May 7, 2024

Why Am I Crying Yellow? Breaking Down Causes and Remedies

Understanding the Phenomenon of Yellow Eyes

Yellow eyes can be a symptom of various conditions, often connected to liver dysfunction or other serious bodily interruptions. This article elucidates different causes behind the phenomenon of yellow eyes, to help readers better understand its seriousness and the potential medical intervention required.

Jaundice as a Common Cause

One of the leading causes of yellow eyes is jaundice, a condition typically resulting from an excess of bilirubin in the body. Bilirubin is a yellow substance developed when red blood cells break down. Ordinarily, the liver manages to filter bilirubin from the bloodstream and uses it in bile production, which is subsequently excreted. Conditions like hepatitis caused by viral infections like A, B, or C, frequently result in liver inflammation, impairing this essential bodily function and leading to excess bilirubin.

Implications of Higher Bilirubin Levels

Occasionally, apart from jaundice, a heightened level of bilirubin in the blood can contribute to yellow eyes. Conditions such as liver diseases, blocked bile ducts, hemolytic anemia, certain genetic disorders, or specific medication usage can lead to such elevated levels. Artificial tears can soothe related discomfort, and treatment varies greatly depending on the cause, generally involving medication modification, surgery, or even a liver transplant in severe situations.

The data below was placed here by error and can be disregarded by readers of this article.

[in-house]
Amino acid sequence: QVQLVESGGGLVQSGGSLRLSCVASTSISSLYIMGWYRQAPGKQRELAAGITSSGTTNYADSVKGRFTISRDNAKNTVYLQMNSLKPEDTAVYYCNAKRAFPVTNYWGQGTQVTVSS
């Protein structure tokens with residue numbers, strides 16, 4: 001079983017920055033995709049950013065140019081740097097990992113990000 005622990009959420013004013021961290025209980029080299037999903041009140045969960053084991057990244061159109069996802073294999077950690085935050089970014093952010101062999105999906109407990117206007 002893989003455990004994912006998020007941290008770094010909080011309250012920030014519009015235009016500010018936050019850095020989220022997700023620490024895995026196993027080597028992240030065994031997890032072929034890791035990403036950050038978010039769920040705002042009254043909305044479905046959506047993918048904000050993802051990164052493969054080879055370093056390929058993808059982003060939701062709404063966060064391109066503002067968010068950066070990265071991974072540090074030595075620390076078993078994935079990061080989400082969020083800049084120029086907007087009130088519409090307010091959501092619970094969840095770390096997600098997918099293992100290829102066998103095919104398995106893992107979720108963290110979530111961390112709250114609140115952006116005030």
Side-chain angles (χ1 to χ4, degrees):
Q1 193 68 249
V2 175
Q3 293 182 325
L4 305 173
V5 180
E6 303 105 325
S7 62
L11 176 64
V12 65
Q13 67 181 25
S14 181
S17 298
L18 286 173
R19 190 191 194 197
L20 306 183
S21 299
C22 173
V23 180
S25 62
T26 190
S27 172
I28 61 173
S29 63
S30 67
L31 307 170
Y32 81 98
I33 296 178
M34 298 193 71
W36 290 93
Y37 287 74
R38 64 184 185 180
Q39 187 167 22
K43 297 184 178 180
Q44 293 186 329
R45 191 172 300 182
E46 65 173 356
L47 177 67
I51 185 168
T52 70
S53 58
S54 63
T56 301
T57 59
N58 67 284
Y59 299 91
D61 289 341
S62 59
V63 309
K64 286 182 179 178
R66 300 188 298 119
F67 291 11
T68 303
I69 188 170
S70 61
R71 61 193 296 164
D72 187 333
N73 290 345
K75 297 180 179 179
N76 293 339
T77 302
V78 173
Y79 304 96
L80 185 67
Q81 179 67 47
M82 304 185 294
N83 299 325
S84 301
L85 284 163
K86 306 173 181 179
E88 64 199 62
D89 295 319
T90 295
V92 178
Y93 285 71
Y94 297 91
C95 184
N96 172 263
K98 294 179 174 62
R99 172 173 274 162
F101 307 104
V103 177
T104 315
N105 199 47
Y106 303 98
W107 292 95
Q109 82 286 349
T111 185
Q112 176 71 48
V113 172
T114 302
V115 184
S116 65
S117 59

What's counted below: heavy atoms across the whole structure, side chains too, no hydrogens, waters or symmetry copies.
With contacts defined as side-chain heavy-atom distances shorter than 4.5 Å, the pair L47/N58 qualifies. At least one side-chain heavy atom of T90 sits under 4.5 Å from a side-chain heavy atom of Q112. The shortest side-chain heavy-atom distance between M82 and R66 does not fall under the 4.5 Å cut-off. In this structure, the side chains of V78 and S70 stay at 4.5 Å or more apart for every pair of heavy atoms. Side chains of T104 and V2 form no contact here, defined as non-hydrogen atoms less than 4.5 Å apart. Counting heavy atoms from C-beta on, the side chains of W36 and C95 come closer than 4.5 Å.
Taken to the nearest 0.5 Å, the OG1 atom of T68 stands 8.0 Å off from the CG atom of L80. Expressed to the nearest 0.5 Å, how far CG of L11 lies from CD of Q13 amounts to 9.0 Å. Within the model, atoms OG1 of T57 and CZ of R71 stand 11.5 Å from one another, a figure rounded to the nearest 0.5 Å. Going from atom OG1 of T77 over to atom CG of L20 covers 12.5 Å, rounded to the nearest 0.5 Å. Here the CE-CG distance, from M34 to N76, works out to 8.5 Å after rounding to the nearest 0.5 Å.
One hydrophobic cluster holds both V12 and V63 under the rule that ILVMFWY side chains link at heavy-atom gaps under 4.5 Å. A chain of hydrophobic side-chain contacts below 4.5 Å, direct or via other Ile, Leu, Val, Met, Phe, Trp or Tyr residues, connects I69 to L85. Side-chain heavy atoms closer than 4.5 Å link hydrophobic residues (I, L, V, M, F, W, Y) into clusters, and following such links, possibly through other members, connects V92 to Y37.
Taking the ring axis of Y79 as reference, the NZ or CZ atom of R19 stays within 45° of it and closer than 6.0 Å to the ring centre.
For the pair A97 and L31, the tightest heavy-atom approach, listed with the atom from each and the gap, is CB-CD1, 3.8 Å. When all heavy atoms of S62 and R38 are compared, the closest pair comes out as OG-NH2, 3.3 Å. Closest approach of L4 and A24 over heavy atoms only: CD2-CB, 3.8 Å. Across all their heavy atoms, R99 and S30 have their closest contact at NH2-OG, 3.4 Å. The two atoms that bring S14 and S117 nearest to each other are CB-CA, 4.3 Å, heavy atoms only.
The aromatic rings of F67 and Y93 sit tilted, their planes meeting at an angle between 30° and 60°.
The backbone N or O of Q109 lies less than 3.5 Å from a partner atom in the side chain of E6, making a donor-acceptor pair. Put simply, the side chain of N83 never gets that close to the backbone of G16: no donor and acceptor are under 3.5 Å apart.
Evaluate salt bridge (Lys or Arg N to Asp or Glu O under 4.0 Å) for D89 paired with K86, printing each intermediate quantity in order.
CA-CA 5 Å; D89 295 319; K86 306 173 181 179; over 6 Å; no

Other Potential Causes

Eye Bleeds

Subconjunctival hemorrhage can also result in yellow eyes. This condition arises when blood leaks from vessels and fills the space between the conjunctiva and the sclera due to trauma, coughing, vomiting, or eye infections. Most instances resolve without the need for extra treatment.


An infection caused by bacteria, leptospirosis, may lead to jaundice and yellow eyes as one of its symptoms. Antibiotics are typically prescribed as a form of treatment for this infection.

Alcohol Use Disorder and Pancreatitis

Conditions such as Alcohol Use Disorder and pancreatitis often result in liver damage and jaundice, leading to yellow eyes. Both conditions require lifestyle changes for management. For Alcohol Use Disorder, therapeutic intervention may be necessary for recovery.

Hemolytic Anemia

Hemolytic Anemia, where the body destroys red blood cells too quickly, thus leading to bilirubin build-up, is also a contributing factor. Depending on the severity of the anemia, treatment may include corticosteroids, blood transfusions, or other medications.

Yellow Eye Discharge—A Sign of Infection?

Yellow discharge from the eyes, often indicative of an infection such as conjunctivitis, results from a combination of dead white blood cells, viruses or bacteria, and tears. Symptoms alongside yellow discharge can range from clear discharge and irritation to red eyes, pain, swollen eyelids, and light sensitivity. Viral, bacterial, or allergic eye infections can trigger these symptoms, with only viral and bacterial infections being contagious.

To Conclude

In conclusion, the yellowing of the eye, whether in the form of sclera yellowing or eye discharge, can indicate a variety of medical conditions, several of which need urgent medical attention or significant lifestyle changes. It is important to consult with a healthcare provider when symptoms are noted, to not only ensure prompt and effective treatment but to also avoid long-term complications.

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